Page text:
A friend of mine told me that Cosmic Star Heroine would be a game right up my alley. He described it as a throwback to Chrono Trigger featuring a “fierce, leading lady.” That’s all I needed to hear. The waiting began for a physical release, and thanks to Limited Run Games, it finally arrived for the PlayStation 4 and PlayStation Vita in 2018. Was it worth the wait? Yes and no. It’s clear from the jump-off: the developers at Zeboyd Games has passion for the 16-bit era of gaming. But, the passion doesn’t feel fully realized. Even if you overlook some of its technical bugs, Cosmic Star Heroine starts to feel rushed and empty the closer you get to the end. It’s one of those games that’s just…there.
Cosmic Star Heroine takes place in the Zavanii Star System. Consisting of three planets, an organization called the Agency for Peace and Intelligence works behind the scenes to maintain peaceful relations between these three celestial bodies. One of the agency’s best and brightest is Alyssa L’Salle. Wielding a bo staff and some fly fashions, Alyssa and some of her teammates are performing reconnaissance on the planet Rhomu. Their discovery on this planet will give rise to some secrets within the agency. Alyssa needs to get to the bottom of things; the peace of the entire galaxy hangs in the balance. The story is one that feels both familiar and new. Fans of Phantasy Star IV will feel the most excited when they see Alyssa pop on the screen and set foot inside the game’s space age setting. The story moves at a brisk pace. It will only take ten to fifteen hours to see all of it, as well as all of the side-content. In some ways, this is nice. But, Cosmic Star Heroine feels rushed. Like, instead of having the story told with a novel, the story gets told with a flipbook. It tells the same tale, but the manner in which its told doesn’t feel satisfying. Alyssa meets a swath of interesting characters from dancing robots to ethereal detectives. It’s a shame that they didn’t get enough screen time.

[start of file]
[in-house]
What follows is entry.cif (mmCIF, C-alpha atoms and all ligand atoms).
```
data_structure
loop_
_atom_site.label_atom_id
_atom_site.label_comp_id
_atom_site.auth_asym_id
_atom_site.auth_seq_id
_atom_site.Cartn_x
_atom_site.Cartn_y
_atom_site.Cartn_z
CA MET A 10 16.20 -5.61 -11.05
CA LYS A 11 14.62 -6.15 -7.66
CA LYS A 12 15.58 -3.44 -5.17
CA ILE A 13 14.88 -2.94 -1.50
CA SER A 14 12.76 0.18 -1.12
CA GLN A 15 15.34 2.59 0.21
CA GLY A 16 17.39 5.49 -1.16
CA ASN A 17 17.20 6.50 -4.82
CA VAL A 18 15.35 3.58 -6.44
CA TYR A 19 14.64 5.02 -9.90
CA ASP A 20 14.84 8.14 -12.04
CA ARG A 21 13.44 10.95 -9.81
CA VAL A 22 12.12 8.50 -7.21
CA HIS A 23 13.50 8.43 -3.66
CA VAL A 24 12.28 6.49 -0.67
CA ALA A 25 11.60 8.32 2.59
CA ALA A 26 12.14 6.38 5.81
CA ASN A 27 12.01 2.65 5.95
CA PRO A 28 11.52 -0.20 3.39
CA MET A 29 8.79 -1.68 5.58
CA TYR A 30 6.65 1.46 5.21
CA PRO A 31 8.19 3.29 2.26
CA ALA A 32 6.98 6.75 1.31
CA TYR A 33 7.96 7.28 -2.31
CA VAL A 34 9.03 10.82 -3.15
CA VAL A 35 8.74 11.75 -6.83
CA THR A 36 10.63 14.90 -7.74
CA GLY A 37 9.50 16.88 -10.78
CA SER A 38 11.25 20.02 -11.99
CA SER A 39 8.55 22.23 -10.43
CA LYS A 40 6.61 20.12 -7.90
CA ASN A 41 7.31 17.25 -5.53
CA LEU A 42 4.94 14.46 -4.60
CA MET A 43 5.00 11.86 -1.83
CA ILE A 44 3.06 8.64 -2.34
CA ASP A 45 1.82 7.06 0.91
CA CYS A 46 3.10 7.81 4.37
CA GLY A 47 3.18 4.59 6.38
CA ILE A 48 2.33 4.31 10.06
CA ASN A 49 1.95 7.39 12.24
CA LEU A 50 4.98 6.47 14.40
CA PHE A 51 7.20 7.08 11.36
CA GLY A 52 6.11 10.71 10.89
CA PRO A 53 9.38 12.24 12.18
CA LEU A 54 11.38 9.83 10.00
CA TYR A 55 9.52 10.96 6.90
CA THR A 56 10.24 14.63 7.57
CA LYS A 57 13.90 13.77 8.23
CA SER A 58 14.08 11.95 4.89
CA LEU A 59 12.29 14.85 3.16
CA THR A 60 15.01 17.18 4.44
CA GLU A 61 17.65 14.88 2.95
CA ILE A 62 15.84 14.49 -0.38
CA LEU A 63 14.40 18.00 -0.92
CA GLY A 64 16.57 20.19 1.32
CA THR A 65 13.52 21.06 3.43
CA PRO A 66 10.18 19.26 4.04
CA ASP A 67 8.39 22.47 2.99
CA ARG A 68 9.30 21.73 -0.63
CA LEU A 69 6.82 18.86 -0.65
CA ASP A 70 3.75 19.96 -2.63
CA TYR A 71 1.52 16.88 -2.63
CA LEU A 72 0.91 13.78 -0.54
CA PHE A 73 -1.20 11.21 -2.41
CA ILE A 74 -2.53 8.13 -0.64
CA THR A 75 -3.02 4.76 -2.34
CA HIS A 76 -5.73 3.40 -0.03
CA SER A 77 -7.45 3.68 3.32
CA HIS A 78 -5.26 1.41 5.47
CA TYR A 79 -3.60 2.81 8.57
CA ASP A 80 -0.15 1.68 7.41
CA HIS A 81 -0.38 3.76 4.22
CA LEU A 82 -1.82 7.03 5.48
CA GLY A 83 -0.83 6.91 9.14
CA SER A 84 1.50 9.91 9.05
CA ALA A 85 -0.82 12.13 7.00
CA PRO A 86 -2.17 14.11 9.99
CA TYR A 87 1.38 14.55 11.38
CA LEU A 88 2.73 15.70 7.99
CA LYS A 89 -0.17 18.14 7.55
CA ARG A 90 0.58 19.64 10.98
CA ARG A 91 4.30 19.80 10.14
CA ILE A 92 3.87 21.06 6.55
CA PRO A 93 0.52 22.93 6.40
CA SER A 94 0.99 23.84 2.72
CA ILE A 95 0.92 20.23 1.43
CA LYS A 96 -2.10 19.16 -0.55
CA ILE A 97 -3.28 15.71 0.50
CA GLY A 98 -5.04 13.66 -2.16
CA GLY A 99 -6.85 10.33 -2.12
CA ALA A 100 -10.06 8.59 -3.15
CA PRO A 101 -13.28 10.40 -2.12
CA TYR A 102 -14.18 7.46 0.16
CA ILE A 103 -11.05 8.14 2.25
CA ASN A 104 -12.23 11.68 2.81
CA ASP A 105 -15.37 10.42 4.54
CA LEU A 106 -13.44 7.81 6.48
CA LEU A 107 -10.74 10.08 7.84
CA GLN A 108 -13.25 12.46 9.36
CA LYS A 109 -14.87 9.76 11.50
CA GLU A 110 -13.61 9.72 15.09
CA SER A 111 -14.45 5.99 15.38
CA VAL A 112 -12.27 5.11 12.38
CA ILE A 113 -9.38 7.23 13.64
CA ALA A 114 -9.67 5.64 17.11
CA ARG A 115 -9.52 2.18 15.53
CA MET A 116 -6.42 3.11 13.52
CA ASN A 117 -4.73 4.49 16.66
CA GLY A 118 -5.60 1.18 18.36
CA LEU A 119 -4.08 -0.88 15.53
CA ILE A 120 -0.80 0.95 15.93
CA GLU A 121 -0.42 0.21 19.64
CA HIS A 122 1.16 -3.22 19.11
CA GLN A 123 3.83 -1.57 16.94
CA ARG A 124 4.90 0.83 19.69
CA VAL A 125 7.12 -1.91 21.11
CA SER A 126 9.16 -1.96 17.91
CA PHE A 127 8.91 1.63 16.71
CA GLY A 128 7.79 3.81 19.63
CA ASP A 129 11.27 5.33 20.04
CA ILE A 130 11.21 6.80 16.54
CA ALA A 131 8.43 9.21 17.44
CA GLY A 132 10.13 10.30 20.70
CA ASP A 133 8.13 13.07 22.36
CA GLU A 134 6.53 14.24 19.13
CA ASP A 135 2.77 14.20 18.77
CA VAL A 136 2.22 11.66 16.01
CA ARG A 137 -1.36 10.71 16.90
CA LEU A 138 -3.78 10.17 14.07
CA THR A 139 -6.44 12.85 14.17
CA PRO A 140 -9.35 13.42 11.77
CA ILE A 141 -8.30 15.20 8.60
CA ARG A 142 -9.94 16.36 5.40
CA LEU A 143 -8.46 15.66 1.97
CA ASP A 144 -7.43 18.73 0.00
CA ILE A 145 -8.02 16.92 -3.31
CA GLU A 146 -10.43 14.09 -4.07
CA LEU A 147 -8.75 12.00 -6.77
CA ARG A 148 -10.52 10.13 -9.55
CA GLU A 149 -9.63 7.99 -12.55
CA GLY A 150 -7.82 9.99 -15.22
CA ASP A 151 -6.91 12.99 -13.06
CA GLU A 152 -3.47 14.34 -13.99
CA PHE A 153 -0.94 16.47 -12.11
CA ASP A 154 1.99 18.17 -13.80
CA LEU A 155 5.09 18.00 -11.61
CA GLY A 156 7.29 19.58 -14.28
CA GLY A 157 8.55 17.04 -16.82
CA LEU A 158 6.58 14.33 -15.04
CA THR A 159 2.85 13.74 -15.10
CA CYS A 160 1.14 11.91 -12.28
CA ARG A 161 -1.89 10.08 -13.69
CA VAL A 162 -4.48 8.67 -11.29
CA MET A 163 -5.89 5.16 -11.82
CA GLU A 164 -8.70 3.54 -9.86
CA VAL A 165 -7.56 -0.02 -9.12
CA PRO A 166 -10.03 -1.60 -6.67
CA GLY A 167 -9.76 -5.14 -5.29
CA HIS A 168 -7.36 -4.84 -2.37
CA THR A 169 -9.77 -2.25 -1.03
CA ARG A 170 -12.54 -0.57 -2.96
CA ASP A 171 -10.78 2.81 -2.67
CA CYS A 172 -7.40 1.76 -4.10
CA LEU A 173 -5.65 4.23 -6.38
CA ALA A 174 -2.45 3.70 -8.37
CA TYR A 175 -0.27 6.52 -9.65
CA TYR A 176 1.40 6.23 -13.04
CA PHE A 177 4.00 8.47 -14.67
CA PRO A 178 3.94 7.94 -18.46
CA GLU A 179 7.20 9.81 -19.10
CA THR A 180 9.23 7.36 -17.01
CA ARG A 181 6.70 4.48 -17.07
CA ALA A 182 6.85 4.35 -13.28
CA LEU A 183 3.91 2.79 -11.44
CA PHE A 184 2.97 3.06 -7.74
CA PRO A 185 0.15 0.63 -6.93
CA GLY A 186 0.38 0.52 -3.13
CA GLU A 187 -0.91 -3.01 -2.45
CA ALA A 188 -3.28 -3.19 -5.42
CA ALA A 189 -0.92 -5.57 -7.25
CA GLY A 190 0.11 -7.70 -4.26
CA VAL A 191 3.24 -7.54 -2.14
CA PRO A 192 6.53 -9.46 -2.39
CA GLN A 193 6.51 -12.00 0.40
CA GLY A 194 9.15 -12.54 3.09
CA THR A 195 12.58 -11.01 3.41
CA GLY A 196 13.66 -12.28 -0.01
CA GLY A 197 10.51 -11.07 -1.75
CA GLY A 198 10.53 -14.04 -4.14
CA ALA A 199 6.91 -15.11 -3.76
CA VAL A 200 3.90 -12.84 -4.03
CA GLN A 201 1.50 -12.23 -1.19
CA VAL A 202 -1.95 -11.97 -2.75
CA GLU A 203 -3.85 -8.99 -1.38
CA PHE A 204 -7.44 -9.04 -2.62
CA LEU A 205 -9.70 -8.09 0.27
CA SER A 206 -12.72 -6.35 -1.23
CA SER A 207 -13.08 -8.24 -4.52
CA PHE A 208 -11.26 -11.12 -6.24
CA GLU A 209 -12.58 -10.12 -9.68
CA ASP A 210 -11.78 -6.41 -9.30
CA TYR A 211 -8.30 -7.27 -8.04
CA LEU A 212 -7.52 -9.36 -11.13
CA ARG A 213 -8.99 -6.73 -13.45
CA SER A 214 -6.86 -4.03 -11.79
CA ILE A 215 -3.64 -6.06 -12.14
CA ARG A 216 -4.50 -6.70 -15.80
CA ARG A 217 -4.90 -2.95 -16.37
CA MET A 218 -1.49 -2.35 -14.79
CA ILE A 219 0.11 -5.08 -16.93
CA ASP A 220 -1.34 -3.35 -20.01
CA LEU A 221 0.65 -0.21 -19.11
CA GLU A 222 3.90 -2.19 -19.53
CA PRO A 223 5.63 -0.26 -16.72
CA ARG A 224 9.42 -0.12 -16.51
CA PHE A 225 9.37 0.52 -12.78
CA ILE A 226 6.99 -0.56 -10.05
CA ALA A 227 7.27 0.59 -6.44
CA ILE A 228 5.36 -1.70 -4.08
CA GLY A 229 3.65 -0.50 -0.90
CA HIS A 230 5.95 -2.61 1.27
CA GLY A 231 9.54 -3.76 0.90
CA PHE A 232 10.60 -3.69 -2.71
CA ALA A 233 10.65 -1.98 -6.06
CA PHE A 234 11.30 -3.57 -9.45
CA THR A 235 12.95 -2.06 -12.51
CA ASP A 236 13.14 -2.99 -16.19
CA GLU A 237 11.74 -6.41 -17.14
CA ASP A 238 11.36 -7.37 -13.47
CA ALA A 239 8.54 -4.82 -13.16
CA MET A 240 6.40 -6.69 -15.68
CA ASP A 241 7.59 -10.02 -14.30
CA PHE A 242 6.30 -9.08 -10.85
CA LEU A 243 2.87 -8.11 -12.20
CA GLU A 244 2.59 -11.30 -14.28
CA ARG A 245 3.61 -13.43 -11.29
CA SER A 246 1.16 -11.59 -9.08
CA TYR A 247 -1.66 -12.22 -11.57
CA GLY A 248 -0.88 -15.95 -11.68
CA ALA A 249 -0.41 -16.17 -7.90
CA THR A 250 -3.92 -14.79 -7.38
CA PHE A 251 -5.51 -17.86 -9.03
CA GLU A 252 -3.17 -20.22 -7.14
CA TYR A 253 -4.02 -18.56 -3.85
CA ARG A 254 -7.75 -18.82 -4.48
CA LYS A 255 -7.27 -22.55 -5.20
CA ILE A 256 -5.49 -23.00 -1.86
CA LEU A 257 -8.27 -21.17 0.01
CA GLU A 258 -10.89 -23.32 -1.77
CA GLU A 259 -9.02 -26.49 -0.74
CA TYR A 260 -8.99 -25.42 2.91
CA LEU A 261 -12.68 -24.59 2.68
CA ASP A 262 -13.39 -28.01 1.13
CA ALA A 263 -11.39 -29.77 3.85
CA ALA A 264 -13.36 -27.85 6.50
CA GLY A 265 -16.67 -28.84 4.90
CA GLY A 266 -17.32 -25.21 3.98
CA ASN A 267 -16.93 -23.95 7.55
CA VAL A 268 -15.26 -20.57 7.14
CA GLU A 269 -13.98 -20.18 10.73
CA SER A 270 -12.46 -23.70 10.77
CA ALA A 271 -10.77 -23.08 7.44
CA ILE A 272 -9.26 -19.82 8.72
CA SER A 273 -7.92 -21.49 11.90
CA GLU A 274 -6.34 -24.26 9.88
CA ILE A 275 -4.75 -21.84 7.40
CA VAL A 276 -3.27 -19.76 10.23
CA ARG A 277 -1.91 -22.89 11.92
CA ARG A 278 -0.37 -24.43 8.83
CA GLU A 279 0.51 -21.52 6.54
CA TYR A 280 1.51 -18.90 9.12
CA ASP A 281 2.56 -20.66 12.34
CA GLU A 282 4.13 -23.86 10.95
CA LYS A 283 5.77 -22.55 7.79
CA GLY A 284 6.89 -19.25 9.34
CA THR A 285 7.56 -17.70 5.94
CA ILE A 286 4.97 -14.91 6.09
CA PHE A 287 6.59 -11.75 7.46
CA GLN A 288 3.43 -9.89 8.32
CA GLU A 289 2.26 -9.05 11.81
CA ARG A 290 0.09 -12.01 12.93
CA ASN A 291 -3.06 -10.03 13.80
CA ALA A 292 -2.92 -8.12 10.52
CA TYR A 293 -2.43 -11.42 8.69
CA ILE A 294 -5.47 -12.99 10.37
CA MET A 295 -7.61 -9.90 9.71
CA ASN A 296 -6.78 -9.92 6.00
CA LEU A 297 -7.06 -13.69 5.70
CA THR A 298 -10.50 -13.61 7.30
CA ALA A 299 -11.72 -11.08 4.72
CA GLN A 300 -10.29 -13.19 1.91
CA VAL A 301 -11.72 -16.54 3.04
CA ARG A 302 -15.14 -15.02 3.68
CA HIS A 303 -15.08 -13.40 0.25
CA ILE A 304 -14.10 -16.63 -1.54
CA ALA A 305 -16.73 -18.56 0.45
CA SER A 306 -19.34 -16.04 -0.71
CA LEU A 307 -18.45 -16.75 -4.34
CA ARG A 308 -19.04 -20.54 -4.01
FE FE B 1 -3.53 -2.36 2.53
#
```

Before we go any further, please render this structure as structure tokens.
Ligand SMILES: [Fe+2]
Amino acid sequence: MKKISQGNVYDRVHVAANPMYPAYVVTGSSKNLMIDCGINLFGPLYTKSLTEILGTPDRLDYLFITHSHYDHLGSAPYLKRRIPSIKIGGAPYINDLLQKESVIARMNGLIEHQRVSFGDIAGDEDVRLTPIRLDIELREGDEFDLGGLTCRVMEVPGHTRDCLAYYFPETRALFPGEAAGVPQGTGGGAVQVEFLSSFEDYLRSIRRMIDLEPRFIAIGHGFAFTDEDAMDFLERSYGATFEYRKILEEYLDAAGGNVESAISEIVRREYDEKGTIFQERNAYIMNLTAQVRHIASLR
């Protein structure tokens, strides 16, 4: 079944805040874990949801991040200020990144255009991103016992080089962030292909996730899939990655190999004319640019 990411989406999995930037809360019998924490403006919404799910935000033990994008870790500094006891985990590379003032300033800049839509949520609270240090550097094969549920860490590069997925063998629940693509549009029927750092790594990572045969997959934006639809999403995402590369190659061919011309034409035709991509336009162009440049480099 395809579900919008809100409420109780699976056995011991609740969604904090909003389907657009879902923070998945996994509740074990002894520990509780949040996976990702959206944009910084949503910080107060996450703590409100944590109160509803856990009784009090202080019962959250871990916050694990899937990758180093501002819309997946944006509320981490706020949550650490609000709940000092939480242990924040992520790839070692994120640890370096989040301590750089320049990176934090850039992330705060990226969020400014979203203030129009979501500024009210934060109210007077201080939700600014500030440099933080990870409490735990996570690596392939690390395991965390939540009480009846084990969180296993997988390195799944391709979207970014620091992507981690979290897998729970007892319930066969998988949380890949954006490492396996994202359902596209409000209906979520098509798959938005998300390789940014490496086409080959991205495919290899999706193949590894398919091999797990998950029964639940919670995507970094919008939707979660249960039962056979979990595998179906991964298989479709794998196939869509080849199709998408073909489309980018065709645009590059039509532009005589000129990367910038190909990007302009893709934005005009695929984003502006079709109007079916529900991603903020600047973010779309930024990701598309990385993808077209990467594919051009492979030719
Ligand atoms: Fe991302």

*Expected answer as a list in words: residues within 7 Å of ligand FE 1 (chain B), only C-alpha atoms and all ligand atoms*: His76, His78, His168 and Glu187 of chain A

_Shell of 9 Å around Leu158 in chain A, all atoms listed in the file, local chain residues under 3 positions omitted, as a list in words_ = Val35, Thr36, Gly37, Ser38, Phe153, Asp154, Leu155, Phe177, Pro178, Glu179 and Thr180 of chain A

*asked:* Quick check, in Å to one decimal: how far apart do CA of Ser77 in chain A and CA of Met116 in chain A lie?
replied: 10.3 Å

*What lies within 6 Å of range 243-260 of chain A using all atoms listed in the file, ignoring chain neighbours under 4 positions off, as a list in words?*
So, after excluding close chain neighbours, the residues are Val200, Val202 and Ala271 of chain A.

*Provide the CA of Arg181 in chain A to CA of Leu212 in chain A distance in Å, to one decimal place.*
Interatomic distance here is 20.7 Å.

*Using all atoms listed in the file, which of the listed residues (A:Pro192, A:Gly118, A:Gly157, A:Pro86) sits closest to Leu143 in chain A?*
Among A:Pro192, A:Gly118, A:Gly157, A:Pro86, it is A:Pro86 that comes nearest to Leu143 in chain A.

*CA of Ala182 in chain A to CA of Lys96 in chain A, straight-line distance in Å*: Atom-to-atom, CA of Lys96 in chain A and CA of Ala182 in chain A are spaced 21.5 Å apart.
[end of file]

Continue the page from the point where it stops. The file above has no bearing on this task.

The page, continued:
The main draw to Cosmic Star Heroine is its presentation and play ability. I’ll start with the presentation, which is quite lovely. The graphics are 16-bit stylized with extra colors, motions, layers, and textures to make both the sprites and backgrounds really pop on your modern console of choice. No color was left out. It works well for the game’s intergalactic setting. Exploring new towns and dungeons is delightful because you never know what details are in store. Take the time to stop and check your surroundings; there is plenty to see and examine. To go with the graphics, there’s a fantastic soundtrack inspired by both the 80s and the Super Nintendo era. The music is excellent; I’d go as far to say that it’s the best part of Cosmic Star Heroine. No matter what you take away from this review, be sure to find a way to listen to the game’s great music.